Maines Ngoma is the widow in this picture. She is the mother of Christine Khosi, one of our widows that passed away back in August 2010. Maines lives on the corner of the street that comes into Chikumbuso.
A couple of weeks ago, Gertrude told me Maines had come to Chikumbuso. “You see me,” she said, falling on her knees, “I’m starving. Isn’t there something Chikumbuso can do for me. Look, my grandchildren - they are wasting!”
“We have to talk to you about Christine Khosi’s mother,” Gertrude opened. “She is coming and coming here, asking us to help. She has been doing very poorly since Christine died."
Maureen chimed in, “Yes, every day I wish I could build a fly-over to walk past her house. Every day, every day, she sees me, and she comes out to ask me if we can do something for her. She even knows that I try to pass her house without her seeing me. Now, she is telling me she knows I’m avoiding her. What can we do? We have to do something.”
Maureen had one bag of roller meal left from sponsorship handouts. Every child except one had shown up to collect their monthly food distribution. Maureen had made sure that all the children knew they were to come and pick up their food by a certain date; that child did not come and here was Maines, starving and begging. We sent her home with a bag of roller meal, of course.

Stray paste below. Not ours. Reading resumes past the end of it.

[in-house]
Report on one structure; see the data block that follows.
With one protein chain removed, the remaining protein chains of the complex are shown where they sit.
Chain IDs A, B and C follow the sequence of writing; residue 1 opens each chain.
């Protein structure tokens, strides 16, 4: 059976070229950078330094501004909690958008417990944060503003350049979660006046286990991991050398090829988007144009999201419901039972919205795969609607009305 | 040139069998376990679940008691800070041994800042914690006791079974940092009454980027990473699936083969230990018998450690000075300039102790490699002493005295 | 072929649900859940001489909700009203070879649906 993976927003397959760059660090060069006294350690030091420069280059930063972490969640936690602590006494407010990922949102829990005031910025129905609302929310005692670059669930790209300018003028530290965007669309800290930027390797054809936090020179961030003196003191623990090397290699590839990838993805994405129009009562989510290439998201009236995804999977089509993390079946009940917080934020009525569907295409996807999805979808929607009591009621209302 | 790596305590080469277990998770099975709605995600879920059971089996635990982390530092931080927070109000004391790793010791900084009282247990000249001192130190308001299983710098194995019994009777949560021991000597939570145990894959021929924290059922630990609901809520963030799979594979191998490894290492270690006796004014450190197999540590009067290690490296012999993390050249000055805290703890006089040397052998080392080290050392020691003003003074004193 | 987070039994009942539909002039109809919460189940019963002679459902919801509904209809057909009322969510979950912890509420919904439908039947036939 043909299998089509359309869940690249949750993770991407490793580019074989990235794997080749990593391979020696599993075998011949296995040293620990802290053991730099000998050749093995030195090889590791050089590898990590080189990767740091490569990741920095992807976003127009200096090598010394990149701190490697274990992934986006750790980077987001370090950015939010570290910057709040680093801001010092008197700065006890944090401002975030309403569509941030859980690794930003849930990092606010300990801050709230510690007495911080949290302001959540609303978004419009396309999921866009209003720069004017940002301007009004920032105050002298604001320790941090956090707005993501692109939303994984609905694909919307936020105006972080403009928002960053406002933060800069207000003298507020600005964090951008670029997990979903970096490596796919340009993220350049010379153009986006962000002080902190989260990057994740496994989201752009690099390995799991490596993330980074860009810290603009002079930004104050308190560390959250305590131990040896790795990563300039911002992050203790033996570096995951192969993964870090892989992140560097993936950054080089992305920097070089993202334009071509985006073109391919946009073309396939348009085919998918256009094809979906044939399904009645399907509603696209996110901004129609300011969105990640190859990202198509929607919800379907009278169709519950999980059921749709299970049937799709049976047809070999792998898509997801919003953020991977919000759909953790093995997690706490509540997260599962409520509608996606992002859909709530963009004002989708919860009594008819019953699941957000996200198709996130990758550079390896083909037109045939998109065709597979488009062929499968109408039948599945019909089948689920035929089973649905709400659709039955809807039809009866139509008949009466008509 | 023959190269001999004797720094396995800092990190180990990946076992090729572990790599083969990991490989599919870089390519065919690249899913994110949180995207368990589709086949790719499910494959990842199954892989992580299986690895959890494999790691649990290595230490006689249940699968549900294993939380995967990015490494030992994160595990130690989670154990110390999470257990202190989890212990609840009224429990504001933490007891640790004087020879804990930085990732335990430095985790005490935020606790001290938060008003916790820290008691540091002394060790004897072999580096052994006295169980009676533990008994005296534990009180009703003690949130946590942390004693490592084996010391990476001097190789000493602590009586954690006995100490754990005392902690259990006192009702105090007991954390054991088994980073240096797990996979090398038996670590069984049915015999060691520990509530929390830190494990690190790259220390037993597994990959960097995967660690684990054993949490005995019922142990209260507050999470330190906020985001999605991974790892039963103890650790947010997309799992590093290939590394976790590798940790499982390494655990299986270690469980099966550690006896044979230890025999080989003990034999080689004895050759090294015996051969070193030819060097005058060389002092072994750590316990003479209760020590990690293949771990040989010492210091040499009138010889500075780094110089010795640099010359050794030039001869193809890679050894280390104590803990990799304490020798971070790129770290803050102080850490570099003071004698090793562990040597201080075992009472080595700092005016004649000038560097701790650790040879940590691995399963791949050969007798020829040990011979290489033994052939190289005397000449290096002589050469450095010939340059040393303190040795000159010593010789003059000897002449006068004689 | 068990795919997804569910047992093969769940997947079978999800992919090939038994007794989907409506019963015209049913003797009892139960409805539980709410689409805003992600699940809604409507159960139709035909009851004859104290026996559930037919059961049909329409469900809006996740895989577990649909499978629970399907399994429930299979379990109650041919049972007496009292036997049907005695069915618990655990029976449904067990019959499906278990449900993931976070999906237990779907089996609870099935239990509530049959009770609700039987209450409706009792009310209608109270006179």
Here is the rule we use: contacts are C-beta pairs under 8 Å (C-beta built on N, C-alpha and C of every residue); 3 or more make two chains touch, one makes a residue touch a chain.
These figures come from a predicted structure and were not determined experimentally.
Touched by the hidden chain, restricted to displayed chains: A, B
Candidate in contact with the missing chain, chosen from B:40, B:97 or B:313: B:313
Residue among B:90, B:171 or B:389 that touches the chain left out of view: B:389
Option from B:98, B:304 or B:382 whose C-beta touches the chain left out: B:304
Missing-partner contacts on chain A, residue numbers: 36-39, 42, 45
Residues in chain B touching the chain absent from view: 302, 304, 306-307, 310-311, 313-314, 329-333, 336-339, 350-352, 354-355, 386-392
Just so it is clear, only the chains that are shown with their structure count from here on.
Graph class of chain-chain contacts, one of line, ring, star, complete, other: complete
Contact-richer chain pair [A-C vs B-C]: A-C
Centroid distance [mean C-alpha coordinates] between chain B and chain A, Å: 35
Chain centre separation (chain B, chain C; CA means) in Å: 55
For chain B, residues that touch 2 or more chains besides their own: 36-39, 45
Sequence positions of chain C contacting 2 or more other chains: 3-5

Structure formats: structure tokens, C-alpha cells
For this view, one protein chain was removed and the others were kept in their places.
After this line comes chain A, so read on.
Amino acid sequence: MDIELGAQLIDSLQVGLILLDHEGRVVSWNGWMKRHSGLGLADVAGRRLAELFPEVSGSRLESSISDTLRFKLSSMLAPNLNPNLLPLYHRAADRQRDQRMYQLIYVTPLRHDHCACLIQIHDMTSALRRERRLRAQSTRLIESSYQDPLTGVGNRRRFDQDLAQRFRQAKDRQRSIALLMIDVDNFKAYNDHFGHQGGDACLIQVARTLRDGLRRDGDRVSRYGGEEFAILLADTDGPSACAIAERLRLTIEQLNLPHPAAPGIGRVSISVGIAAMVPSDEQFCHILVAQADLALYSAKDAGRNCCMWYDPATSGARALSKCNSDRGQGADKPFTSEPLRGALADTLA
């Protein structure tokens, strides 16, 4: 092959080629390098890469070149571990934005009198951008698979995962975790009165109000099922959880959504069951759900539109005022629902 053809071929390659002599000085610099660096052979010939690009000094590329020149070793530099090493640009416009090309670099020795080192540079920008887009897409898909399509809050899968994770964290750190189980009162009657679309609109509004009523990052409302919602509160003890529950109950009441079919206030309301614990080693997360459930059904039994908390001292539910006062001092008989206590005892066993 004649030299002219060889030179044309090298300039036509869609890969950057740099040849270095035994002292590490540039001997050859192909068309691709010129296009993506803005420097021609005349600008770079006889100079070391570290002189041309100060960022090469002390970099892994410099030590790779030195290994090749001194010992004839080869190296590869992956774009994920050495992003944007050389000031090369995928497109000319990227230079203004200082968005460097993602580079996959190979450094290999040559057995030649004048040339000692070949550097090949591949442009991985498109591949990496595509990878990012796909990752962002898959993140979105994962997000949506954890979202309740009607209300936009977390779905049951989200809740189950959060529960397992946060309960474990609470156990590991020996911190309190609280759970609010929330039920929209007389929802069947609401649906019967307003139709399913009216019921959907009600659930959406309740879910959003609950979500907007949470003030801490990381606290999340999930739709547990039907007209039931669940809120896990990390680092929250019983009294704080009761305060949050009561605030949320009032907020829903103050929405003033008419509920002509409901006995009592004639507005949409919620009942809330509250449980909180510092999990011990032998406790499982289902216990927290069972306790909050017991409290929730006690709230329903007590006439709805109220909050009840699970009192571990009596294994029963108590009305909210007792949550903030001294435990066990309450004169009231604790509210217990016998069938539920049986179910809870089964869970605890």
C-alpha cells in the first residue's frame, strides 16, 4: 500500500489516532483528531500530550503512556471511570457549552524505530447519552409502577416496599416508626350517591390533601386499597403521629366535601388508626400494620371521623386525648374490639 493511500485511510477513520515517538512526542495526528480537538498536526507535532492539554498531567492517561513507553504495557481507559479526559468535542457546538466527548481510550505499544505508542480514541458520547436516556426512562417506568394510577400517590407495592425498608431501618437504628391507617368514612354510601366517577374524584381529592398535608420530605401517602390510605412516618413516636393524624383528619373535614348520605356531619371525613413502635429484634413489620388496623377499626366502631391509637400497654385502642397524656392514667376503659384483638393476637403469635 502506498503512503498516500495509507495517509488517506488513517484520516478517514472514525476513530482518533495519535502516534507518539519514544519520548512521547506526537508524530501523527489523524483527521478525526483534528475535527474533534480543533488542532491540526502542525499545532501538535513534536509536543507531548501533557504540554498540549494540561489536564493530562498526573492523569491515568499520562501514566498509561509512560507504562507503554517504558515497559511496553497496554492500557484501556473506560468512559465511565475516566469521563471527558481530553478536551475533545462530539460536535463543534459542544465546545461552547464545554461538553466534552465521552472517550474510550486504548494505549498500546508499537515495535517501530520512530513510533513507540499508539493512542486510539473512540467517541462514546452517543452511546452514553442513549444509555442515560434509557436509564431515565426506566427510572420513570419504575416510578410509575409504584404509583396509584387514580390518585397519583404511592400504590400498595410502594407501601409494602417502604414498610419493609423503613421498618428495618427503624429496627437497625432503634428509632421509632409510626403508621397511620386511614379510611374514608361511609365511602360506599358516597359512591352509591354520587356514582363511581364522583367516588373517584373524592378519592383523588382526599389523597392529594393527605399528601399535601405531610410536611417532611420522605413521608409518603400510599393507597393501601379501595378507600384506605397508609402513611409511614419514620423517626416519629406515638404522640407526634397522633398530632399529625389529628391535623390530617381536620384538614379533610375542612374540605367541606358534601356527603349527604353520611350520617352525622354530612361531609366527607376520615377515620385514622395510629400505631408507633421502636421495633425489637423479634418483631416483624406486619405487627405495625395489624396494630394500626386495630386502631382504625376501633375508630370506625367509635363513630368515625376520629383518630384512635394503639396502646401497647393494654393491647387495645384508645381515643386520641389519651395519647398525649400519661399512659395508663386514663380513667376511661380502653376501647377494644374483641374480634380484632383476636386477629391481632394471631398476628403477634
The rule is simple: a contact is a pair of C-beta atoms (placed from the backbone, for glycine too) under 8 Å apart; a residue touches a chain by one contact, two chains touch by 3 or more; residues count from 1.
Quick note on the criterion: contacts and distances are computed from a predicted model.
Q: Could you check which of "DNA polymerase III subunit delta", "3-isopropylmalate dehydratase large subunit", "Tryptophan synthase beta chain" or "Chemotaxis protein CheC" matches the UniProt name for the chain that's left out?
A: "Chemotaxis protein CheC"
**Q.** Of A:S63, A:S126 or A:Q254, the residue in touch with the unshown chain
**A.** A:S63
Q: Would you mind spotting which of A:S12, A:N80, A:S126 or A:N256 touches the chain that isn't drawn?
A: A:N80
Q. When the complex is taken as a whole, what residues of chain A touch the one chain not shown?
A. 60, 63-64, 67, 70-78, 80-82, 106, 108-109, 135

When I arrived home that day, I received an email from a couple wanting to sponsor a child and a grandmother. Coincidence? I don’t think so. When all our hearts were united in prayer for her deliverance, suddenly our prayers were answered. Suddenly, someone thought, “I’d like to sponsor a grandmother with Chikumbuso so I’m going to send an email right now.” That is nothing short of miraculous as far as I am concerned.
I think that Maines considers it nothing short of miraculous, too. We went to her house first thing to tell her the good news. “I have nothing for you to sit down on, but we must at least get out of the sun,” she said to Gertrude, motioning us into some shade. Squatting under the eve of the house Gertrude began to tell her that her prayers had been answered - she had a sponsor through Chikumbuso. We gave her a chitenge. Gertrude explained that she would now be receiving food, candles, etc. every month. She seemed overwhelmed. I asked her questions about her children - she has two children still living and four of her five grandchildren live with her. She’s lived in Lusaka so long all she remembers about coming there is that it was during the colonial times. She has no idea how old she is. I asked her if she voted in the recent elections. She replied, “I’m too old for politics now. My vote is for Jesus.”
When we rose to leave, the reality that she really had a sponsor sunk in. Tears flowed as she shook our hands, kissing us and hugging us, and crying and blessing her new sponsor, “Now I have a new daughter to take care of me since Christine has passed.”